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Noticing Immediate Differences: Japan and Korea

I’m sitting at one of Fukuoka city’s famous yatai: a food stall lining the river, usually stocking fresh ramen or sushi. This time, as I perch myself on one of the red stools and start slurping loud enough to attract the attention of Japanese, it’s as though I’m settling into a warm bath. With Japanese signs around me, Japanese speakers chattering away, and the local food settling in my stomach, it’s no wonder I feel a great sense of relief and excitement coming back. I’m certainly comfortable in Korea, but I can’t read all the signs, I can’t speak worth anything, and I’m much more lax in getting to know people. Maybe it’s because I’ve just been abroad too long.


As if on cue, a young lady strolled up to my yatai, looking inquisitive but a little out of place. The owner greets her in Japanese and directs her to a stool, but she remains standing, asking for something in particular.

“It’s ramen,” the owner says to her.

She said something I didn’t catch, so I chimed in, assuming she was Japanese: “It’s delicious, the best in Fukuoka!”

She didn’t react at all to what I said, but, as if making up her mind, slowly sat down and waited for a bowl. I thought I might as well enjoy a conversation about the food:

“福岡に住んでいる?” (Do you live in Fukuoka?)

Again, no reaction. I was confused now, until I realized she had only spoken one word of Japanese.

“Korea?” I asked, a little uncertain. But she nodded. “Ahhh, 안녕하세요!” As if on cue, the Japanese man to my right commented on my eating habits:

“I’ve never seen a foreigner eat ramen like a Japanese.”

So, of course, to be polite, I spoke with him for a few minutes. About food, my travels in Japan, his work… and then it hit me.


Two months in Korea, and I can’t even ask a Korean person if she’s Korean. Two years in Japan, and I can understand why a Japanese might look funnily at a foreigner loudly slurping noodles. Not only that, but I can talk to him about it at length. It was almost the perfect contrast between the life I had, and the one I’m living now. Will I one day be eating 고기구이 in Busan, talking merrily in Korean to the people sitting around me? Or will I stick with my affinity to Japan? It’s only been two months, but I still feel as though Nippon has more of a draw for me than Korea.

A few things happened on this last trip that made me reevaluate my experiences in Japan. True, I was coming to the country as a tourist this time around, which definitely affected my perspective: why should I care if Japanese instinctively speak English to me if I am in fact a visiting English speaker (who just happens to know a little Japanese)? But… as I was visiting an onsen ryokan in Hakone at the request of, I probably felt more respected that day and night than any other time in my two years in Japan.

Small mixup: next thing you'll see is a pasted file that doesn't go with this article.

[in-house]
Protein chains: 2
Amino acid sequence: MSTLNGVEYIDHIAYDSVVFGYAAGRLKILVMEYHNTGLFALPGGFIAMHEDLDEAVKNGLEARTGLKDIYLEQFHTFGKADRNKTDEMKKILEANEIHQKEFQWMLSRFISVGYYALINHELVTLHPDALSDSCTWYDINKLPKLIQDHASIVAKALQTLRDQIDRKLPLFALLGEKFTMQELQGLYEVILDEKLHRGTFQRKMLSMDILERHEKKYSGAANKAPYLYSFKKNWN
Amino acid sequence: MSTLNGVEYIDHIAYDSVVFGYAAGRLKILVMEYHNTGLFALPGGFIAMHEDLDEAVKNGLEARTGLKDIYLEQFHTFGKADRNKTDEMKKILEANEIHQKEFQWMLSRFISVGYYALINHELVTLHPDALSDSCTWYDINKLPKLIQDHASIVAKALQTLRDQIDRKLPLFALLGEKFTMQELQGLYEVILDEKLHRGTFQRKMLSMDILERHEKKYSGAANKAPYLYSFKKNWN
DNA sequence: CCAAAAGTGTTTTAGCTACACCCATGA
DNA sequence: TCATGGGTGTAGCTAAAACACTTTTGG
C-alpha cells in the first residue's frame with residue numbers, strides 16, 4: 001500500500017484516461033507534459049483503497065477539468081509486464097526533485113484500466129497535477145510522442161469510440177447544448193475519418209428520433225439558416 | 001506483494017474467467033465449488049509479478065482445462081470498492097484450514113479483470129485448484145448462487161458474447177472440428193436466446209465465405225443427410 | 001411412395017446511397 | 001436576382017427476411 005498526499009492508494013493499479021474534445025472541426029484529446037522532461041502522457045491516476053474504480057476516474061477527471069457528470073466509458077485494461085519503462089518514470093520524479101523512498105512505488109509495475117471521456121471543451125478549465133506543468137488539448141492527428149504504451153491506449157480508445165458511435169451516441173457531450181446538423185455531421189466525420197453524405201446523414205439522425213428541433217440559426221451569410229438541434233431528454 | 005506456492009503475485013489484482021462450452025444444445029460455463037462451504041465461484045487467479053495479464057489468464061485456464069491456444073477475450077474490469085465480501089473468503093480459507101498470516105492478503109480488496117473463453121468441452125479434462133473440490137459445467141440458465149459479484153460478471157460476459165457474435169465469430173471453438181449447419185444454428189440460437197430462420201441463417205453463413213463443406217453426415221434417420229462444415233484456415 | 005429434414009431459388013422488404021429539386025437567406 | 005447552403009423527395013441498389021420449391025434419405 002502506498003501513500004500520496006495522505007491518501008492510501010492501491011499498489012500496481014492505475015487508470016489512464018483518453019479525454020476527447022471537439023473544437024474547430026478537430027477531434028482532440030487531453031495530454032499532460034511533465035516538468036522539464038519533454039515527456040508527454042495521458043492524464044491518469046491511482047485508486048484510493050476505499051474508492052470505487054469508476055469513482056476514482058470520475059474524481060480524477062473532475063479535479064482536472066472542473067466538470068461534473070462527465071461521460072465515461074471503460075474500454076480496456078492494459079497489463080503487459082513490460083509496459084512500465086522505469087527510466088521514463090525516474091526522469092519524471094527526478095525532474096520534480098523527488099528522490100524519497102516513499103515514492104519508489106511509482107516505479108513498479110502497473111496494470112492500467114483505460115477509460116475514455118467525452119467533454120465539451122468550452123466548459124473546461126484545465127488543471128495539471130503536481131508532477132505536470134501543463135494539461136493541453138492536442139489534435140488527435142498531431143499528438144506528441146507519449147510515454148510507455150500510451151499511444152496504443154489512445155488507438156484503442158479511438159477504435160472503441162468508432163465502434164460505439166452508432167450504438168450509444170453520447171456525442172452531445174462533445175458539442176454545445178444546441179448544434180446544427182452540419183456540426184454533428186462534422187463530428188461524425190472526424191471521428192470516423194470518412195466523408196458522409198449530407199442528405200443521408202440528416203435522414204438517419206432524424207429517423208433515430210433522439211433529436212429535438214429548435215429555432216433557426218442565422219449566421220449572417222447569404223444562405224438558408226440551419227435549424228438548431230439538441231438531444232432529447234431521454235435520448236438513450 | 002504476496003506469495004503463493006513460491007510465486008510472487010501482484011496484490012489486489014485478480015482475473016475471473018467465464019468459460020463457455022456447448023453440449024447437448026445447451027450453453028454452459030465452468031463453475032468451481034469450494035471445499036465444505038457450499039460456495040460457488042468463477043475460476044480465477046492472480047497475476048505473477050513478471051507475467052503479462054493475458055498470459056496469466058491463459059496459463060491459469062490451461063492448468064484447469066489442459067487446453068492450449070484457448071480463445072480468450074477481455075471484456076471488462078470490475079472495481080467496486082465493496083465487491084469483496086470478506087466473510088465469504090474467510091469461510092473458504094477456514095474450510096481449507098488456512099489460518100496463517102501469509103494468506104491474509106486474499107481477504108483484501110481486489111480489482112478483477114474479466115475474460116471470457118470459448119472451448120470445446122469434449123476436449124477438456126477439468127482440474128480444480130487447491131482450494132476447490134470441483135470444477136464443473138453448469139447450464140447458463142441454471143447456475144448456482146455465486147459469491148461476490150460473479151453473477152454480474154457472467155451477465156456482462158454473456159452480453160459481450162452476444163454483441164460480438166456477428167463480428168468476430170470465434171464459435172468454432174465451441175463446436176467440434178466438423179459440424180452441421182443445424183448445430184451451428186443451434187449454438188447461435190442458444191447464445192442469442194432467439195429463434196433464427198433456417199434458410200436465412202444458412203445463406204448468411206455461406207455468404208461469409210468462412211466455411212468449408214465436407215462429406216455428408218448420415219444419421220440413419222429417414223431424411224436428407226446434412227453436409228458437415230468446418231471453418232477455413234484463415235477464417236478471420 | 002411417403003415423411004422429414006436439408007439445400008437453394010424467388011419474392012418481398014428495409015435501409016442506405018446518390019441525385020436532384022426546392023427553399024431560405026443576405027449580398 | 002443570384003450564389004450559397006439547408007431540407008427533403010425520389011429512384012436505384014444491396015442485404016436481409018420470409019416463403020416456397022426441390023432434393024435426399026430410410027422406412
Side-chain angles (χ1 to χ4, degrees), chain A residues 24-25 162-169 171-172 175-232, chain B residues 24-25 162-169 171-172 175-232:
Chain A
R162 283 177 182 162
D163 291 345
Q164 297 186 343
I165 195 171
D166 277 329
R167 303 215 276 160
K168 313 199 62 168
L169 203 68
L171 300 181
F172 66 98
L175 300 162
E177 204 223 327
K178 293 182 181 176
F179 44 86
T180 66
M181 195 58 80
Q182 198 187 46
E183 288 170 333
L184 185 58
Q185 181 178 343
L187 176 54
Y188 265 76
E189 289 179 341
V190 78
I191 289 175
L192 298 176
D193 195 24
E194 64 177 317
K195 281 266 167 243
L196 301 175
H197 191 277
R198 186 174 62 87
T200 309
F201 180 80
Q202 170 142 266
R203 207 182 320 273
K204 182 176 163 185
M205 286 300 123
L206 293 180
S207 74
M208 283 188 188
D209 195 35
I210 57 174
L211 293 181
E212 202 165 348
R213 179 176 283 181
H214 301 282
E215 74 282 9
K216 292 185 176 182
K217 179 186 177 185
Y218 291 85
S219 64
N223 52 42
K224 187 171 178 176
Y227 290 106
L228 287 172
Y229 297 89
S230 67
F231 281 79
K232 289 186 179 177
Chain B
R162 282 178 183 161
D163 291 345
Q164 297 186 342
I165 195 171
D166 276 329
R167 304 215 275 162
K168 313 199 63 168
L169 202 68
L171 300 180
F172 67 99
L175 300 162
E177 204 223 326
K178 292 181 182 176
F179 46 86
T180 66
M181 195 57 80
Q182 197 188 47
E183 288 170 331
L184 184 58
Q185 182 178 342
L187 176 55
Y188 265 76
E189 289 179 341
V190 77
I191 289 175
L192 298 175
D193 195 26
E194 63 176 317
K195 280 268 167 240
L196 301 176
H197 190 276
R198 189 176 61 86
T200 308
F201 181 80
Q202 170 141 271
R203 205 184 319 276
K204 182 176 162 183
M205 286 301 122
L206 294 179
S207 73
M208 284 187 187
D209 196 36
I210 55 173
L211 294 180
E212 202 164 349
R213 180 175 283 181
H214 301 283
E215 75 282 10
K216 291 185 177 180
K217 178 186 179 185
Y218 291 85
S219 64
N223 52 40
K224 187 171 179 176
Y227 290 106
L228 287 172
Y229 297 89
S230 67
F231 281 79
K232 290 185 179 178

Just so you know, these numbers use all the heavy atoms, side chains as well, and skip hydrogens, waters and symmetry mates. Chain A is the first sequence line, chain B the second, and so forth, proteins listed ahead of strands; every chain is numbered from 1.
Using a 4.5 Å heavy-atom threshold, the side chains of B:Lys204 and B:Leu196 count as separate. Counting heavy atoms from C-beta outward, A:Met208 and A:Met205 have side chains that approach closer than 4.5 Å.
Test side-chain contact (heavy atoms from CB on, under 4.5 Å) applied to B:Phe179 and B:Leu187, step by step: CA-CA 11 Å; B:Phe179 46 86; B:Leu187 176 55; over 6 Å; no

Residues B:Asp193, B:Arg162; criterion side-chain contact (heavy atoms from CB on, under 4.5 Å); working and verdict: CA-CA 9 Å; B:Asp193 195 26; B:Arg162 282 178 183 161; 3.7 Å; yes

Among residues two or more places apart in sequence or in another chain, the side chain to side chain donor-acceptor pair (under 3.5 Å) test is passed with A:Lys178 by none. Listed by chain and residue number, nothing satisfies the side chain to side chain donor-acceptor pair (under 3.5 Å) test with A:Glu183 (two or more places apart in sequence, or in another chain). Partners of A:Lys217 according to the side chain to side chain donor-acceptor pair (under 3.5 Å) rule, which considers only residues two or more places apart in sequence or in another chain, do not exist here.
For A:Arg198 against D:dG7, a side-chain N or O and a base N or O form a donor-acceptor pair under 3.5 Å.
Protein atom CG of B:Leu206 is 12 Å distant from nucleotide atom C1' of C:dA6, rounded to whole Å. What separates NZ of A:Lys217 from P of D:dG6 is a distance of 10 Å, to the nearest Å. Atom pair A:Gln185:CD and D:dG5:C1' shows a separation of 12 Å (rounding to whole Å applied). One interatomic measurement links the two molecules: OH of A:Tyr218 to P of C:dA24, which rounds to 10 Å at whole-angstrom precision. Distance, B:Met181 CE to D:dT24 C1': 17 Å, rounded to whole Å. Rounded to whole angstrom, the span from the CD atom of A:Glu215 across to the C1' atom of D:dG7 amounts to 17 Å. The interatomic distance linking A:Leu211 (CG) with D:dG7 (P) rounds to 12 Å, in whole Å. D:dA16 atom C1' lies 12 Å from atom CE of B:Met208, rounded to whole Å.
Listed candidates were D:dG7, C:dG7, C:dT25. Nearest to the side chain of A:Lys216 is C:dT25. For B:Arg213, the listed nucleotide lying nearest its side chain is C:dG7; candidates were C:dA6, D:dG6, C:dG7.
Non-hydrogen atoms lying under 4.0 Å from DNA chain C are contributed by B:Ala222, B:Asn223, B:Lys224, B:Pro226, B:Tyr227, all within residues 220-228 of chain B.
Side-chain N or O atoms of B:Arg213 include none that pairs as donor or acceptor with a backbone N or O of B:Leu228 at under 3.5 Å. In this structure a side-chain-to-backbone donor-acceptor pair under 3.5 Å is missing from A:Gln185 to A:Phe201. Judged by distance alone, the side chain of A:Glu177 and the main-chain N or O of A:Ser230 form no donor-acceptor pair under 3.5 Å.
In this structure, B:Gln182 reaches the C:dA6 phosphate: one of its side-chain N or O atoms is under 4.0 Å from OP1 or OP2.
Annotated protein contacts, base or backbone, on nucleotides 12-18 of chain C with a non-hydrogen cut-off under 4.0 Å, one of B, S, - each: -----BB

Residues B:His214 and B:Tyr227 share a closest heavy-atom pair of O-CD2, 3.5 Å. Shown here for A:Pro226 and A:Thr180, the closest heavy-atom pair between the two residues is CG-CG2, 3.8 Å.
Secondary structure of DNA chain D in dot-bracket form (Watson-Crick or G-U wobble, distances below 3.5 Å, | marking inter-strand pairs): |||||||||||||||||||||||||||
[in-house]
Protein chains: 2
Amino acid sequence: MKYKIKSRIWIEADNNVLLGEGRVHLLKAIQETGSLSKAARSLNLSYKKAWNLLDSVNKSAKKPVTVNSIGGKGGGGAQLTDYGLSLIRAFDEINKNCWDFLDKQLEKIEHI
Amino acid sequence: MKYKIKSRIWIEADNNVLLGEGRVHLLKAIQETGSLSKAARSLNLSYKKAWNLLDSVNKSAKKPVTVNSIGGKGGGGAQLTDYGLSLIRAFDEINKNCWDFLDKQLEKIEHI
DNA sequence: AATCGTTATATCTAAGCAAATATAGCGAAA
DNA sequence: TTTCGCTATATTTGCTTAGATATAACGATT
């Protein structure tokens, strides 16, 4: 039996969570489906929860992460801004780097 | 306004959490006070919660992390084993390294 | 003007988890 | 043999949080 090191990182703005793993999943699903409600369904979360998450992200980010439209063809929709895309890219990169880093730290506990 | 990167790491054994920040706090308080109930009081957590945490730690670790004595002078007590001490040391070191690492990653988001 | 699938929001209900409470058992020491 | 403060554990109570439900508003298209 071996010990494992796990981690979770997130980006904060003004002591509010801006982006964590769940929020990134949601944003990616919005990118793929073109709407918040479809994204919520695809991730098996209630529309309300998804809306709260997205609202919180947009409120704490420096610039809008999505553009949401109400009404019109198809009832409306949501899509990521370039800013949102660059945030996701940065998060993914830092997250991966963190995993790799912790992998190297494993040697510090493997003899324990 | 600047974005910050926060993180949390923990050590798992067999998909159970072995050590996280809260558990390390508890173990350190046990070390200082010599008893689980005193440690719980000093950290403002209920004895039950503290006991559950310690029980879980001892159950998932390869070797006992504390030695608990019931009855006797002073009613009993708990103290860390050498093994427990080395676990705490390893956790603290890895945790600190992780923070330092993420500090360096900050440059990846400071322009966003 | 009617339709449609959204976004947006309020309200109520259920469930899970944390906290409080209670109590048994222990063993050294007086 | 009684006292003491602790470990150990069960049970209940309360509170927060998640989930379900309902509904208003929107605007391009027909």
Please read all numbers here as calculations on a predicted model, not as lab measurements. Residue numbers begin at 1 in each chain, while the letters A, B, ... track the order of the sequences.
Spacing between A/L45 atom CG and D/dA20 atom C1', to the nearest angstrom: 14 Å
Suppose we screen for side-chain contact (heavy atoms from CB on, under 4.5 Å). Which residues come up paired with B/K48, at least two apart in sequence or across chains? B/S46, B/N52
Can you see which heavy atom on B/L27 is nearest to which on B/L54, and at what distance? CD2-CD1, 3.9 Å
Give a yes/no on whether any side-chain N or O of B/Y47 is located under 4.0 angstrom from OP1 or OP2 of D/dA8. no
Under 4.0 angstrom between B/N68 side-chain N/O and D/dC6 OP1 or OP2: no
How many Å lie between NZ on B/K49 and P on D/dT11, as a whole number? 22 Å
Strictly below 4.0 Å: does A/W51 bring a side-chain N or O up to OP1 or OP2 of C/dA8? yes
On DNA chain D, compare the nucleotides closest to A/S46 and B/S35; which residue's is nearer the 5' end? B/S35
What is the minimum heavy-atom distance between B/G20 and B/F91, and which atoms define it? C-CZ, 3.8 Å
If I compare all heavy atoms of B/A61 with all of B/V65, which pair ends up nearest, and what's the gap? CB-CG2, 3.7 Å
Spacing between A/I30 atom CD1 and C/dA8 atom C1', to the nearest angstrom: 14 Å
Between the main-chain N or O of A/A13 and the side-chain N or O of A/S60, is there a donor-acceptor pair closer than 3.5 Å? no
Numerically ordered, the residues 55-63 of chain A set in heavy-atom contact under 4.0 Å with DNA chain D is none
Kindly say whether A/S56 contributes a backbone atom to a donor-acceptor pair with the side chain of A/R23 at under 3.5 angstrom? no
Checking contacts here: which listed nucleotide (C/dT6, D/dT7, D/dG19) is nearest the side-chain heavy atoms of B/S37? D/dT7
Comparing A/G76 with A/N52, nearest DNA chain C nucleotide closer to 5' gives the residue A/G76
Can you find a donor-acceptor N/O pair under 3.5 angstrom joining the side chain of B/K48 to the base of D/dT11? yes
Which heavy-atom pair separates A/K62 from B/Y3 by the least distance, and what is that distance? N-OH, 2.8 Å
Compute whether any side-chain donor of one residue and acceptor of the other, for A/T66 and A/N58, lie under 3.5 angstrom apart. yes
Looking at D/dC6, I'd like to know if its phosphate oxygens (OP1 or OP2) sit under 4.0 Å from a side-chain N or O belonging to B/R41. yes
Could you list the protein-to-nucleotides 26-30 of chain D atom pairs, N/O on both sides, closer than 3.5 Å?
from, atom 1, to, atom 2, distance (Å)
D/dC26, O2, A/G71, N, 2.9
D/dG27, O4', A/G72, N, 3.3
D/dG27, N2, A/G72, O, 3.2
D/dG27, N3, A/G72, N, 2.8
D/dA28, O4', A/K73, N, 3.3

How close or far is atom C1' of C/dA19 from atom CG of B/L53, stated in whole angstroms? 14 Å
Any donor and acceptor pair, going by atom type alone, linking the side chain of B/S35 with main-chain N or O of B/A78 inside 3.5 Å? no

Maybe I’m mistaken. But I certainly didn’t feel professionally respected during my year teaching at AEON, as I was basically an interchangeable part of the eikaiwa machine. I did enjoy my time at Shin Nippon Biomedical in Kagoshima, but the company was so laid-back by Japanese standards; not that this was a problem, mind you… I just felt I was given more attention in Hakone. I was respected as a travel writer, and that alone may have boosted my ego more than one year in a scientific company ever could have:

– It was the first time I can recall being addressed as “Turner-sama
– Conversation between my contact and the owner was smooth; they trusted my Japanese ability when it was necessary, and we switched to English as needed
– I think I received more than just superficial flattery when asked about my travel experiences in Japan; they both seemed genuinely impressed with my knowledge and appreciation of onsen

In any case, when I first disembarked the JR Beetle International Ferry in Fukuoka, a few things were immediately obvious. Korea has a fine system of roads and sidewalks, but Japan’s are definitely more orderly and cleaner. Citizens of both countries use bowing as a form of respect and introduction, but Japanese are much more genki about it; just walking into a 7-11 I immediately noticed that eyes were on me in a way they hadn’t been for two months at any Family Mart in Busan, Uljin, Seoul, or Gangneung. In that sense, I suppose customer service is just more user-friendly; workers are always “on” in Japan, from beginning to end.


Some things I had forgotten… the money is quite big. I remember how small US bills were by comparison. Japanese women, IMHO, are more attractive. To me, of course. But I also think they age considerably better. Food and cost of living are markedly more than that of Korea, but that was to be expected. It was just so surreal being back in a place where life had been going on the whole time I was away; it was as if I expected things to just freeze and await my return. Instead, I discovered Hakata Station was completely rebuilt, my favorite ramen yatai was relocated, and my language skills were much better than I had assumed they would be; memories and words came flooding back once they were required.

Another benefit to being back was getting a haircut. Of course there are plenty of cheap and decent places to get your hair cut in Korea, but this is one area I hate experimenting with the language for the first time; when it happened in Thailand, I ended up with a buzz cut: the barber thought I wanted to leave a quarter inch, not just cut it off. In addition, in Korea I might have accidentally walked into a place of prostitution:


Certainly looks innocuous enough, but in Korea, two of these means it’s a front for sexual services. One is legitimate. In the end, it was easier to pay ¥1000 at a discount place in Shizuoka and state I just wanted a trim.